Immunogenetics experts at The Children's Hospital of Philadelphia (CHOP) have developed a unique laboratory test to characterize the genes that encode HLA molecules. The test relies on faster, more comprehensive gene sequencing technology to type human leukocyte antigens (HLAs)--complex, highly variable proteins on cell surfaces that are essential to immune function.
The new test may improve transplantation outcomes through a more refined assessment of donor compatibility, and will expedite the donor selection process from bone marrow registries. It also provides an advanced tool for research in immunological diseases, infectious diseases, and pharmacogenomicsthe field that studies the influence of genetic variations on drug efficacy and toxicity.
"This new test addresses a sixty-year-old problem," said Dimitri Monos, Ph.D., director of the Immunogenetics Laboratory in the Division of Genomic Diagnostics at The Children's Hospital of Philadelphia. "Since the discovery of HLAs in the early 1950s, it has been a challenge to accurately and thoroughly characterize HLA gene sequences. We have now used next-generation sequencing tools to significantly advance HLA typing."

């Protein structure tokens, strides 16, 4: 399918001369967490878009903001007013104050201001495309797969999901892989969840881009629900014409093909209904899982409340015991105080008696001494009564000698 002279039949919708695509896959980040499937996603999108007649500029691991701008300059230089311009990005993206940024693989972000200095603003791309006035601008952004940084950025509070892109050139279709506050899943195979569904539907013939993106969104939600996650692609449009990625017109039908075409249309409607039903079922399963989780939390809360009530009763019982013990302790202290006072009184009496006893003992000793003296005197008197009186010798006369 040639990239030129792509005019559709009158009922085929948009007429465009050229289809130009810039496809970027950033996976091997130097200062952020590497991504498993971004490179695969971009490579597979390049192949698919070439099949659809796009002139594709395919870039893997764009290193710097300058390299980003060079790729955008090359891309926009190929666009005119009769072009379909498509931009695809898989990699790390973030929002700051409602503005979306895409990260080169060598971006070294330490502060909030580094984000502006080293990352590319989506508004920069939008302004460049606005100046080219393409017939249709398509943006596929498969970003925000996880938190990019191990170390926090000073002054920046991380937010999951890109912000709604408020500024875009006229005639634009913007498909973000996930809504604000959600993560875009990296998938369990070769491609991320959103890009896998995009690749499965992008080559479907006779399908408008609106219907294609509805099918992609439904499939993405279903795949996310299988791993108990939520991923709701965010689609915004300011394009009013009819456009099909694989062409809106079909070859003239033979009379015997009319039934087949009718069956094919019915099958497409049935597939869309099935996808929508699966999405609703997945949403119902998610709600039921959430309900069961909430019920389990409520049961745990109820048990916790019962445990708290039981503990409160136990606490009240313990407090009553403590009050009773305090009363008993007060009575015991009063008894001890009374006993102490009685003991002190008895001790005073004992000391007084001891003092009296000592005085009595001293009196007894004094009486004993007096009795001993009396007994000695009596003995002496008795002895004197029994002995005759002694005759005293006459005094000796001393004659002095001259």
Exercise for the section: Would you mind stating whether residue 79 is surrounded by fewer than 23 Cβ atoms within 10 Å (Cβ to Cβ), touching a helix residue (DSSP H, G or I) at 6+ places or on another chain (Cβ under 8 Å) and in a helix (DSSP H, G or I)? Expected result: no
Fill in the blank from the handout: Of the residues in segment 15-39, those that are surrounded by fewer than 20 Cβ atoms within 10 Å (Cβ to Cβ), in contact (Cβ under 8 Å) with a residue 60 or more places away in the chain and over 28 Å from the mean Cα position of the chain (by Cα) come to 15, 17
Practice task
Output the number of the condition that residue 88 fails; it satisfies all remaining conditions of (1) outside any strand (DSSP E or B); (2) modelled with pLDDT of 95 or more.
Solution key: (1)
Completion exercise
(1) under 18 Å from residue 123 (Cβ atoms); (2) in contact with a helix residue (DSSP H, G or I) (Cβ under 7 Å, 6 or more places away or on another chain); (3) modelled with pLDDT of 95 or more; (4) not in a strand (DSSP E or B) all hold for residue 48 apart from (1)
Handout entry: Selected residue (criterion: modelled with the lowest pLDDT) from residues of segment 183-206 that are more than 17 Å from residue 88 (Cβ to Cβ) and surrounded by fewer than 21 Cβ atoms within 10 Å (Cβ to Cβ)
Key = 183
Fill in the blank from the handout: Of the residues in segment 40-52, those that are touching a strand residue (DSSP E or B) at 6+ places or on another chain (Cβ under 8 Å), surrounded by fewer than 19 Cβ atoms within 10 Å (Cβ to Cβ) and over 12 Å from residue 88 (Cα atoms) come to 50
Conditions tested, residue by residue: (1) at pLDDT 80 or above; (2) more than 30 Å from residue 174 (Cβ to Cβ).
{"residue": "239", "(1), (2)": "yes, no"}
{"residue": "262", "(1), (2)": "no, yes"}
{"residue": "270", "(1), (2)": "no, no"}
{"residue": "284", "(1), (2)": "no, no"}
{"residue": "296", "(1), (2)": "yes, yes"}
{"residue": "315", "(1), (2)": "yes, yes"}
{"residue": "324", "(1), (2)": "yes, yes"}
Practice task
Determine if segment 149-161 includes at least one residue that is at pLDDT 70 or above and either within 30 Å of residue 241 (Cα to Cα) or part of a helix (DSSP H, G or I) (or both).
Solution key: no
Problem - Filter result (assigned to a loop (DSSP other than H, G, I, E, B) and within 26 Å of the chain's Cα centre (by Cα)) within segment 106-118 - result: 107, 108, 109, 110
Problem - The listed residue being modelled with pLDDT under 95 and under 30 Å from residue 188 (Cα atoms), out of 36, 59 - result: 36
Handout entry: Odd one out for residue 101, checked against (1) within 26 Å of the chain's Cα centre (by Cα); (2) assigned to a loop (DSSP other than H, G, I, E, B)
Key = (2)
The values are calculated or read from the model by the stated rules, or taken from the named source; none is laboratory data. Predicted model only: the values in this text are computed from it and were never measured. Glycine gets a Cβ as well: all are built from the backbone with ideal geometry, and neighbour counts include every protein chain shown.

CHOP is the first hospital anywhere to offer this new comprehensive HLA-typing test, based on extensive research by Monos and colleagues. "This is a new, disruptive technology, with the potential to transform research and clinical practice, in transplantation and other fields," said Robert Doms, M.D., Ph.D., pathologist-in-chief at CHOP.
HLA genes are the most complex gene family known in the entire human genome. Gene sequences for HLAs are extremely polymorphic--highly variable, to a degree not adequately captured by conventional typing tests. Current tests often provide ambiguous and limited results, by sequencing only segments of HLA genes and failing to distinguish among different alleles suggested by a given sequence. In addition, preliminary testing often m
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Children's Hospital of Philadelphia